image

Figure 3. Hypothetical distribution patterns of E. epiphron in Western Europe during the last glaciation. Grey areas show mountain areas above 1000 m.a.s.l.

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There is recent phylogeographic evidence from other mountain species that suggest somewhat similar patterns. Thus, there is a close genetic relationship for Anthyllis montana (Kropf et al., 2002) and for Erebia cassioides (Martin et al., 2002) between Pyrenees and south-western Alps. Three plant species (Phyteuma globulariifolium, Androsace alpina, Ranunculus glacialis) consist of four genetic lineages along the chain of the Alps suggesting multiple differentiation centres along their southern and south-eastern periphery (Schönswetter et al., 2002, 2003, 2004). Finally, Pritzelago alpina shows both a close genetic relationship between the north-eastern Alps and the Carpathians, and a differentiation of south-eastern vs. central and north-eastern Pyrenees (Kropf et al., 2003). All these patterns appear combined in our study species, suggesting that it is a discriminating phylogeographic model.

But why did E. epiphron and many other high mountain species not occur all over the extended European glacial steppes? What triggered its even more scattered glacial distribution pattern compared to the recent one? The most plausible explanation is perhaps the rather dry and continental climate of European glacial steppes; these conditions were most probably not suitable for a butterfly with such humidity demands (SBN, 1987). This hypothesis is further supported by several genetic analyses of alpine and arctic-alpine plant species, where the genetic differentiation between different lineages increased with the species’ need for humidity (Despres et al., 2002; Schönswetter et al., 2002, 2003, 2004; Stehlik et al., 2002; Kropf et al., 2002,2003). Furthermore, another mountain lepidopteran, the burnet moth Zygaena exulans, is well adapted to dry continental mountain climates and shows no strong genetic differentiation between and within the Alps and Pyrenees (Schmitt & Hewitt, 2004). These results argue that dry and cold hardy species were widely distributed over the glacial tundras, but that cold hardy species not tolerant of dryness were strongly restricted to more humid areas around the glaciated high mountain systems. More generally they demonstrate the explanatory value of combining genetic measures with knowledge of species physiology and life history.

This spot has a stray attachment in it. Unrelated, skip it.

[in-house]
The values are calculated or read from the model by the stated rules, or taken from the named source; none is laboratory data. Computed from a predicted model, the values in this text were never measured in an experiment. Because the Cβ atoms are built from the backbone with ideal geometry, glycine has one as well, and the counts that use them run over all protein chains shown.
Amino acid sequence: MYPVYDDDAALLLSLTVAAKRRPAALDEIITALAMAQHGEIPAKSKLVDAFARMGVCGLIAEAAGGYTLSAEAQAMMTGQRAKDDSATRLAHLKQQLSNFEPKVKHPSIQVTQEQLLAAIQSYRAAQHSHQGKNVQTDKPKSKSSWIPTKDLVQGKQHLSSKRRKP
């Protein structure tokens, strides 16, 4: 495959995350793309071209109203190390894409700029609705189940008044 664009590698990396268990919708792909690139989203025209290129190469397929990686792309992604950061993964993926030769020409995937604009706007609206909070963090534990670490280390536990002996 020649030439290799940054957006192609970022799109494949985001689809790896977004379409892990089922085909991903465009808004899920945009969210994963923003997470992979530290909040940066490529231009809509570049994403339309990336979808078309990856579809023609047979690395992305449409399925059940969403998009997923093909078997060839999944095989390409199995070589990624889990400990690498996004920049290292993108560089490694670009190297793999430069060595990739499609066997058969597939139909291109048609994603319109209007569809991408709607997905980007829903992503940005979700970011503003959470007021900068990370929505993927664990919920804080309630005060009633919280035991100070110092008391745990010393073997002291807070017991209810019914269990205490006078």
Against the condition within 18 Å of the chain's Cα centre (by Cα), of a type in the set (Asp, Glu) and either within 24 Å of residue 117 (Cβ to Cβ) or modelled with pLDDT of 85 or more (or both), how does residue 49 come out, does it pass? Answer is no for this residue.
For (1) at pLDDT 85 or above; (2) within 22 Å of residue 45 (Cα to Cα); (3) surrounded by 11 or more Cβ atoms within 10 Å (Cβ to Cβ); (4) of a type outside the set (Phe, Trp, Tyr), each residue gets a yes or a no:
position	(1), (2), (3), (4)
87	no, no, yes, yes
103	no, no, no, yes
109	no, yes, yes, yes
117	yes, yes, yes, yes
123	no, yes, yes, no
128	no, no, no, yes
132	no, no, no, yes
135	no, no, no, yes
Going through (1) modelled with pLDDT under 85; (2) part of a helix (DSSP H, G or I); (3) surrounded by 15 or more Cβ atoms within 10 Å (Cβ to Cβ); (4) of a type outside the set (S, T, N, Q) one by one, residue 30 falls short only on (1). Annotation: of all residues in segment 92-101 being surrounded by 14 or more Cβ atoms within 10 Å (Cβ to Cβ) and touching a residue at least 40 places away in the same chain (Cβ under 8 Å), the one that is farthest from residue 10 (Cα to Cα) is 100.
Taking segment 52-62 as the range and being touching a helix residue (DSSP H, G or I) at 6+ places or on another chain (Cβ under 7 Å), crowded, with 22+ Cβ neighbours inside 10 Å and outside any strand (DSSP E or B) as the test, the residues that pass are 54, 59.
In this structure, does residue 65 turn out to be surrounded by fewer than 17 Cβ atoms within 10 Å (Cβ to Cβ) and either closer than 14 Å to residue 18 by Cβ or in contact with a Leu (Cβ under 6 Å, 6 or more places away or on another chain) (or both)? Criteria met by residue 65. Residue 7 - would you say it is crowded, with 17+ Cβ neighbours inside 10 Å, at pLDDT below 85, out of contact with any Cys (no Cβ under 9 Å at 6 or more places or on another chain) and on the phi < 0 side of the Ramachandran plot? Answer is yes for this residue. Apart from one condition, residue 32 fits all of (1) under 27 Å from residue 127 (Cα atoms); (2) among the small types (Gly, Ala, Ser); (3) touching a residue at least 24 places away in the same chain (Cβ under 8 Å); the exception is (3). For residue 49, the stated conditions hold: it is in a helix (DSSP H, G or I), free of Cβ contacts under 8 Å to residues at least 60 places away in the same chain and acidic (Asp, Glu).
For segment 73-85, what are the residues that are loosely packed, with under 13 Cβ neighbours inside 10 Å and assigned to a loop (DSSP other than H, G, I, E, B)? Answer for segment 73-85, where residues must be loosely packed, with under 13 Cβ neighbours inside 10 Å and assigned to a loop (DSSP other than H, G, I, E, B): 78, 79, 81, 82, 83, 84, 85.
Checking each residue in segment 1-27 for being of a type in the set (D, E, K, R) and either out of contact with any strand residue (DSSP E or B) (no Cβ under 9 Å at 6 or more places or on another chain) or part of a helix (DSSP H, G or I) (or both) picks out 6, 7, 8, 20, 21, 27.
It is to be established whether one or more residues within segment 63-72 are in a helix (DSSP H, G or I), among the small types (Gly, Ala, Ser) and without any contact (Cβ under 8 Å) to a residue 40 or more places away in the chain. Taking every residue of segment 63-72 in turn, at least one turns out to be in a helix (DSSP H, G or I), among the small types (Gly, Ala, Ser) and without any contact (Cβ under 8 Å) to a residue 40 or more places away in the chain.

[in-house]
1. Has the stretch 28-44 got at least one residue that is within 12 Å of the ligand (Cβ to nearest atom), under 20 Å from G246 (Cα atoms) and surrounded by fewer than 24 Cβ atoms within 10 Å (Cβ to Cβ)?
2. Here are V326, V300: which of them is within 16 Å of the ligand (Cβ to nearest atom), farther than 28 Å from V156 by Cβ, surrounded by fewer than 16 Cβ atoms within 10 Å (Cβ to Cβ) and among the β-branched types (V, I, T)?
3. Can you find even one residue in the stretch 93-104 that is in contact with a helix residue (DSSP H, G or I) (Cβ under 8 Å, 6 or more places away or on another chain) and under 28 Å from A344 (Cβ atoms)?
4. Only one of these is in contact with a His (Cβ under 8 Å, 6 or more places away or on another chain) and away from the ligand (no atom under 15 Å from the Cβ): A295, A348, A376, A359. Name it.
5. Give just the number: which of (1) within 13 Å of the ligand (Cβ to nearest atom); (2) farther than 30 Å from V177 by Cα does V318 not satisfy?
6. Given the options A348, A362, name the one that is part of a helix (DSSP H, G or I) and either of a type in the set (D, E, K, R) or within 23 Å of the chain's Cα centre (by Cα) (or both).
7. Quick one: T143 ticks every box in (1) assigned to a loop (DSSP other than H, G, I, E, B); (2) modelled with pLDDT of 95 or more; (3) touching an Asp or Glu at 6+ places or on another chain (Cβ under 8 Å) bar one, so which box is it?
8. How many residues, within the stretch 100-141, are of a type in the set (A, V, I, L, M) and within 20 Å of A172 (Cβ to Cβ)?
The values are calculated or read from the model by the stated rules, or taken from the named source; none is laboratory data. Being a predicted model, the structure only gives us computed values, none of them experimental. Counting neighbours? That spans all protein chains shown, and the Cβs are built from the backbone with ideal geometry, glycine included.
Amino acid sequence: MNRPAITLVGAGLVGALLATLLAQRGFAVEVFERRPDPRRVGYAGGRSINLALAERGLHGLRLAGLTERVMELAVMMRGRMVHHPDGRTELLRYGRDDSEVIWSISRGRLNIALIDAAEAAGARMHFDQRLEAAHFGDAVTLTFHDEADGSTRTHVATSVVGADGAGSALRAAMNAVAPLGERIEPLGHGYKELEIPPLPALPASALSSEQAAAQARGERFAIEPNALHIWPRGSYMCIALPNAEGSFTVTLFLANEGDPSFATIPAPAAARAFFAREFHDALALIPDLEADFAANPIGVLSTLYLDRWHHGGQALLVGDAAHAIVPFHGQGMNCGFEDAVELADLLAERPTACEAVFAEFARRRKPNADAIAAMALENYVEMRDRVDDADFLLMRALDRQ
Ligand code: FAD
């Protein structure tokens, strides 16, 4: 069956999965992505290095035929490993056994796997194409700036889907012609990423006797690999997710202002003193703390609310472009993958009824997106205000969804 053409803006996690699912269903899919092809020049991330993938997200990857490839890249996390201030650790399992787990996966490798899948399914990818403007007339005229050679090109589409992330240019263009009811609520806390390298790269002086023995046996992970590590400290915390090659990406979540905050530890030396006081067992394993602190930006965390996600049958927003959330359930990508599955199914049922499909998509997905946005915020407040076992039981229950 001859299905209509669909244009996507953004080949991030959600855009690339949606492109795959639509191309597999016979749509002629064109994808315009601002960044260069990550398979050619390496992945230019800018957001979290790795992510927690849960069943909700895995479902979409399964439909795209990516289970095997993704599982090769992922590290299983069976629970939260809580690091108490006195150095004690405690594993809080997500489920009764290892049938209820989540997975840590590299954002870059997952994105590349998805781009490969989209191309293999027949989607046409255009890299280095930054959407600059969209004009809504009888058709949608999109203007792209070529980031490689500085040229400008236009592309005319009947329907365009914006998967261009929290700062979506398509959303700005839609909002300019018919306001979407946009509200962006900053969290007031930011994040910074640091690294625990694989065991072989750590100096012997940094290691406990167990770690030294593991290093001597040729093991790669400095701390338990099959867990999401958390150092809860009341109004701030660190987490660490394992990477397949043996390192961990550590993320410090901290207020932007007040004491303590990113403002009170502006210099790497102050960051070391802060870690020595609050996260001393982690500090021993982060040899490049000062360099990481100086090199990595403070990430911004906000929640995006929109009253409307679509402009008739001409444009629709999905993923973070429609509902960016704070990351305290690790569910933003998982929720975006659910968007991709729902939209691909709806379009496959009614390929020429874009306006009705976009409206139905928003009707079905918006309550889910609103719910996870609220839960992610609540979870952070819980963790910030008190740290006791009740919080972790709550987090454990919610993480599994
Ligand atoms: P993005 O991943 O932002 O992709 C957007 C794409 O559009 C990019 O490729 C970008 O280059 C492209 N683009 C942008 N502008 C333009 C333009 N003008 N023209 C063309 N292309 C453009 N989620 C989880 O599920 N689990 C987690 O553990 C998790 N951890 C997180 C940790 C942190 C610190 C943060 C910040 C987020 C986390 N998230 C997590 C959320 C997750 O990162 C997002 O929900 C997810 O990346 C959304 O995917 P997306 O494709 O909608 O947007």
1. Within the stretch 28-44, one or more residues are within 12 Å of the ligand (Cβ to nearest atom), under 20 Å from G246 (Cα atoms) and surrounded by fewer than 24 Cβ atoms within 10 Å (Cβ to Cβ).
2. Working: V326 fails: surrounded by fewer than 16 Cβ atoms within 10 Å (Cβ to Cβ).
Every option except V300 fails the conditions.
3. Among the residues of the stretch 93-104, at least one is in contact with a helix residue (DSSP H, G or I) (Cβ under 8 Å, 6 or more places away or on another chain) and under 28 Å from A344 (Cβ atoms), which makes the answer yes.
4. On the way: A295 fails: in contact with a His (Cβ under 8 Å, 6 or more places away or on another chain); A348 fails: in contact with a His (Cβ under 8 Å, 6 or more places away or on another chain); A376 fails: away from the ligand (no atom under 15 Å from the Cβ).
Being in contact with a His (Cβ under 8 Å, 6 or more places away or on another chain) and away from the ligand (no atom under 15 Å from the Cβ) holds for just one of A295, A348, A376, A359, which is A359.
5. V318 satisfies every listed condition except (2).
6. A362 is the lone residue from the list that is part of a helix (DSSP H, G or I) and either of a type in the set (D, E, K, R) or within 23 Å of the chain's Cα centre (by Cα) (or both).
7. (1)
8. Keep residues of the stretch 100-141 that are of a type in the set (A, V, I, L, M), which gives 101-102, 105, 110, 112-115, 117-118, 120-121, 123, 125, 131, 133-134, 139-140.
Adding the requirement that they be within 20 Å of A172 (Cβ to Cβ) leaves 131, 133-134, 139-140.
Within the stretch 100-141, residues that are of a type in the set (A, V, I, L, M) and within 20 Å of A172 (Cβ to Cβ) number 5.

Acknowledgments

  1. Top of page
  2. Abstract
  3. Introduction
  4. Material and methods
  5. Results
  6. Discussion
  7. Acknowledgments
  8. References

We acknowledge the grant of the Forschungsfonds of the University of Trier enabling the field trip of TS to the Pyrenees and the Alps in 2003 and the allozyme electrophoresis. We thank many colleagues from Spain, France, Switzerland and Austria for their friendship and help to find many of the sampling localities and especially Martin Konvicka (Ceske Budejovice, CZ) for the sample from the Hruby Jeseník Mountains. We are grateful to the governments of Catalunia, Aragon and Salzburg for the sampling permits and to France, Switzerland and Italy not requiring special permissions.

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  2. Abstract
  3. Introduction
  4. Material and methods
  5. Results
  6. Discussion
  7. Acknowledgments
  8. References